June 29, 2015
LEXINGTON, KY— "If it was okay for Jack Conway to do it, it should be okay for county clerks," said a spokesman for the group that pushed for Kentucky traditional marriage law that was struck down by Friday's U. S. Supreme Court decision. On Friday Gov. Steve Beshear told county clerks across the state that they were required to issue marriage licenses to same-sex couples in defiance of Kentucky's Constitution. The Family Foundation said today that county clerks whose conscience would be violated by following the Governor's order should consider their options.
"There are county clerks out there who have a religious objection to same-sex marriage," said Martin Cothran, senior policy analyst with the Family Foundation. "They should be able to do what our own attorney general did last year when he refused to defend Kentucky's marriage law on conscience grounds. County clerks have consciences too."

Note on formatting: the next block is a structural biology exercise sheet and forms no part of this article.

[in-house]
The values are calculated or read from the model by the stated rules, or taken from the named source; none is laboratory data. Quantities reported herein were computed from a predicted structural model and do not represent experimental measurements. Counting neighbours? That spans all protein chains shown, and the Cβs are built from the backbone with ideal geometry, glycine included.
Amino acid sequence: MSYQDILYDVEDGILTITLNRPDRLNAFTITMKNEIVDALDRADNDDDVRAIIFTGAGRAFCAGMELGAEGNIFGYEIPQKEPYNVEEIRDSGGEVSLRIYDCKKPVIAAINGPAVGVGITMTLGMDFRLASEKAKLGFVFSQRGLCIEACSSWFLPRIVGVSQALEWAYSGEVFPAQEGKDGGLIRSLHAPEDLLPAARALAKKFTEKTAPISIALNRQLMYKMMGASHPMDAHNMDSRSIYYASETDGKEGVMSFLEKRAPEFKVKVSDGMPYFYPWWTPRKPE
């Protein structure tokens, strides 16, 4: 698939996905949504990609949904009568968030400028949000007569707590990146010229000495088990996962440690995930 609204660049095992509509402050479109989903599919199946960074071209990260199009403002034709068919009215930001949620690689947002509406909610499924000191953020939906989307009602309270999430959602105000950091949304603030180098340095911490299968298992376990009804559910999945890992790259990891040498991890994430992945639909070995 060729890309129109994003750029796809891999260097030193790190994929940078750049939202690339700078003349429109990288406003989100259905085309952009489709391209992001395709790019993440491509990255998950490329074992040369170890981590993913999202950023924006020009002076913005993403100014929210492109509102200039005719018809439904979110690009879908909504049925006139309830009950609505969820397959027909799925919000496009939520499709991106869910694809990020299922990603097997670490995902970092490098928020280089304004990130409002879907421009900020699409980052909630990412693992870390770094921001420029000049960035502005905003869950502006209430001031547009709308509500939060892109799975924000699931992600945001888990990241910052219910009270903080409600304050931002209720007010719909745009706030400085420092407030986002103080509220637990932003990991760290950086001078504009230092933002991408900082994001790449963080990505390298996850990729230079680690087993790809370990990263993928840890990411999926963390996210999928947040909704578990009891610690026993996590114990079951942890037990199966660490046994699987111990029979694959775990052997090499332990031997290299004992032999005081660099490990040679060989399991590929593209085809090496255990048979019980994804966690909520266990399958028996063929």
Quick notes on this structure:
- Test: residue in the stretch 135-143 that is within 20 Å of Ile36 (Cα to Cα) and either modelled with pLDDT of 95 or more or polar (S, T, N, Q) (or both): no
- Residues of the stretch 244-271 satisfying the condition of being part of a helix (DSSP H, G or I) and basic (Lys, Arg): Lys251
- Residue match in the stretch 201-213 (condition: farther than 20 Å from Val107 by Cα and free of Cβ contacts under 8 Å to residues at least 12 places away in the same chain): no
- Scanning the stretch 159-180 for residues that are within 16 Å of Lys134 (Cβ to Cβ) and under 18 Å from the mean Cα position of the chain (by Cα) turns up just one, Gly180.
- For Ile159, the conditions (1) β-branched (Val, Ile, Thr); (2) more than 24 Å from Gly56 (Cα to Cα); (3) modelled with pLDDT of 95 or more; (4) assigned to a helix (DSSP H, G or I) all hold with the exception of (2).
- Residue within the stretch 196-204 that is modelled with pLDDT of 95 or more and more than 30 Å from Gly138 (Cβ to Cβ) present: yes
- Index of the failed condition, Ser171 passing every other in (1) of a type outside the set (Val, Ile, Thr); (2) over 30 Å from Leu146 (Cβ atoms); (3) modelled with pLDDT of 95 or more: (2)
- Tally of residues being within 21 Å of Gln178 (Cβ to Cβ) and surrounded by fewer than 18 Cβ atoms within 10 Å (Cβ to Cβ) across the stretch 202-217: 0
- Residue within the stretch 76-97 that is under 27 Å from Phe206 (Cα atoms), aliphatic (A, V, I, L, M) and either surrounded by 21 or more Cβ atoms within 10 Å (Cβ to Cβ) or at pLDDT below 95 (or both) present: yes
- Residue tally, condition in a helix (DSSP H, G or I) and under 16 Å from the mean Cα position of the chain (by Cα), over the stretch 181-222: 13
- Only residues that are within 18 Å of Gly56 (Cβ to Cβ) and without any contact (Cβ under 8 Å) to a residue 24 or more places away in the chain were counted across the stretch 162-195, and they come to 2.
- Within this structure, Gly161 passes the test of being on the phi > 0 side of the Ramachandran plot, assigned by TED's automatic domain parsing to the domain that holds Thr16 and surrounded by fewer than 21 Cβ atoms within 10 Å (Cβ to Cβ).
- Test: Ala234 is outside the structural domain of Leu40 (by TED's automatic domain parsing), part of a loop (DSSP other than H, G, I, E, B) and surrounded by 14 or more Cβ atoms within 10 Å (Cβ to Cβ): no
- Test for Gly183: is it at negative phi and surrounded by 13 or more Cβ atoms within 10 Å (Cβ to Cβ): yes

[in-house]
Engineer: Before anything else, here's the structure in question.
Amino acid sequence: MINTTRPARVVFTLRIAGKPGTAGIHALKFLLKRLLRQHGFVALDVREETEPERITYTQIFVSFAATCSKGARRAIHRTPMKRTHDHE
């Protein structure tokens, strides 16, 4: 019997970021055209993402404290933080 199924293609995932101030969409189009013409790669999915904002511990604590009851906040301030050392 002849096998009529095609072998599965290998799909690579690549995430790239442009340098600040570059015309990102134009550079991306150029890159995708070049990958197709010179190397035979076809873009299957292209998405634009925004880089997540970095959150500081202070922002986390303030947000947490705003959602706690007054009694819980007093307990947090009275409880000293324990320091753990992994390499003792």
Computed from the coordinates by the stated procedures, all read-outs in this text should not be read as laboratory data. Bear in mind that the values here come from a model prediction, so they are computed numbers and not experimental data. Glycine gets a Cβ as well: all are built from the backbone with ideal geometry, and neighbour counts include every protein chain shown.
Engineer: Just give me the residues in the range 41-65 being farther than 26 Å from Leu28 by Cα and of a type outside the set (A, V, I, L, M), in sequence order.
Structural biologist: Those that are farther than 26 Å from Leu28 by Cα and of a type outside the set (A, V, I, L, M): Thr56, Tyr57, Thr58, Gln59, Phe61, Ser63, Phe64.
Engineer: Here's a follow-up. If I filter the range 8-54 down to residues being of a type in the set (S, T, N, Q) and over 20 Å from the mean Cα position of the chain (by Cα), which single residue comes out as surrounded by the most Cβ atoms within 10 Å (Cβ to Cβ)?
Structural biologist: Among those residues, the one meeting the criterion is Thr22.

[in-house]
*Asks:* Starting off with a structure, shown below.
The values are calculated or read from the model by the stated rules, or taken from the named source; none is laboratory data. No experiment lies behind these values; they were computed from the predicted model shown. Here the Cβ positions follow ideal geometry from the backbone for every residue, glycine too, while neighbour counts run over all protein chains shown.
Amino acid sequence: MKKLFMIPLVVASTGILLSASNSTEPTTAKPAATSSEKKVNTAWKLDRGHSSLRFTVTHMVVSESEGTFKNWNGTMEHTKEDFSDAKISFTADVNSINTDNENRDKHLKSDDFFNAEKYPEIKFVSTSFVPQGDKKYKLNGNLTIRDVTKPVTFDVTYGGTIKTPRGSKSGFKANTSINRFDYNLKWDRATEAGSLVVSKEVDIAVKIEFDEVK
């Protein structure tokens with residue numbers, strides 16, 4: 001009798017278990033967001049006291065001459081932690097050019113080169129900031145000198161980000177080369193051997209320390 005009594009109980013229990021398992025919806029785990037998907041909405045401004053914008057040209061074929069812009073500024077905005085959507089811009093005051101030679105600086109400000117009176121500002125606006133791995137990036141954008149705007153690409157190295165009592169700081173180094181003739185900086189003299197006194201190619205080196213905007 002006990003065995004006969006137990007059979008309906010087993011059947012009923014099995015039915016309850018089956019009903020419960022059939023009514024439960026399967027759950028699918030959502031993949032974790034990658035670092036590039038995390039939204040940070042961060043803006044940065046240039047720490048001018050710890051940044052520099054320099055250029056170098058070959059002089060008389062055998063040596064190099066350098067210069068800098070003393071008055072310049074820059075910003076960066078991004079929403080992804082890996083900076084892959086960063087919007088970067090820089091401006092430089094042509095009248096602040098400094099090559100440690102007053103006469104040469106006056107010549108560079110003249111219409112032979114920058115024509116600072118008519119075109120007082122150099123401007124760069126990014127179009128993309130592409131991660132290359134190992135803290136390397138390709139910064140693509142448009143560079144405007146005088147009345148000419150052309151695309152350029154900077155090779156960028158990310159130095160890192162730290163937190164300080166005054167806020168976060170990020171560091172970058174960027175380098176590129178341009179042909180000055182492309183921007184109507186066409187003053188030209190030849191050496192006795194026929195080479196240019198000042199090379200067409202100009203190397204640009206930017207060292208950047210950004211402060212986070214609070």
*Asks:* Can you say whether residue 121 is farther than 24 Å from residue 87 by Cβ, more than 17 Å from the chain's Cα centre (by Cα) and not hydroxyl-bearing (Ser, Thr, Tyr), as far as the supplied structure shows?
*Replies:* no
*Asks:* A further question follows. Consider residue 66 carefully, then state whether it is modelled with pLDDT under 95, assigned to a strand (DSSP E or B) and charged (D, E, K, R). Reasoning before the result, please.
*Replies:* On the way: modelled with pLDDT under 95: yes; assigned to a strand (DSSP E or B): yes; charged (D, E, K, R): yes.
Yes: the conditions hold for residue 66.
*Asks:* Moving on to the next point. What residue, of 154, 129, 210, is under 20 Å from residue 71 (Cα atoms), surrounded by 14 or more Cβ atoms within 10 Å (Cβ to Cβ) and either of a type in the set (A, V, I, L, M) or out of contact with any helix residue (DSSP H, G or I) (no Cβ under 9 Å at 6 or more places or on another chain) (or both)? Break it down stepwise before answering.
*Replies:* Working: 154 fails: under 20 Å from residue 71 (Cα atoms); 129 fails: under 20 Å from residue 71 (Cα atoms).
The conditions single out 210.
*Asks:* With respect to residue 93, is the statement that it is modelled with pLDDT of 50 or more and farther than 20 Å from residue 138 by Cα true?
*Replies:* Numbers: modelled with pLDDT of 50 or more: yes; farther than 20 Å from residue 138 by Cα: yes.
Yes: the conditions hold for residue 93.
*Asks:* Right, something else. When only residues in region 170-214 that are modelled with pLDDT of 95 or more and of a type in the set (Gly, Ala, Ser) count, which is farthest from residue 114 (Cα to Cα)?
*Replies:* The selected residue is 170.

In fact, said Cothran, county clerks are on more solid ground than Attorney General Conway because they would not have to violate their oath of office to refuse to issue such licenses. "While Jack Conway violated his oath of office in not defending Kentucky voters, county clerks would actually be honoring theirs. County clerks take an oath to both the federal and state constitutions. The U.S. Constitution nowhere says anything about same-sex marriage and the Kentucky Constitution expressly prohibits it. In refusing to issue licenses, they would actually be complying with the constitutions to which they swore their oaths."
"If the Governor is so concerned about public officials doing their duty, why didn't he write the same kind of letter to Jack Conway that he wrote to county clerks?" asked Cothran.
Cothran also pointed out that there is 25-day period following Supreme Court decisions in which a request for rehearing can be filed, a technical fact that could also affect what county clerks can do.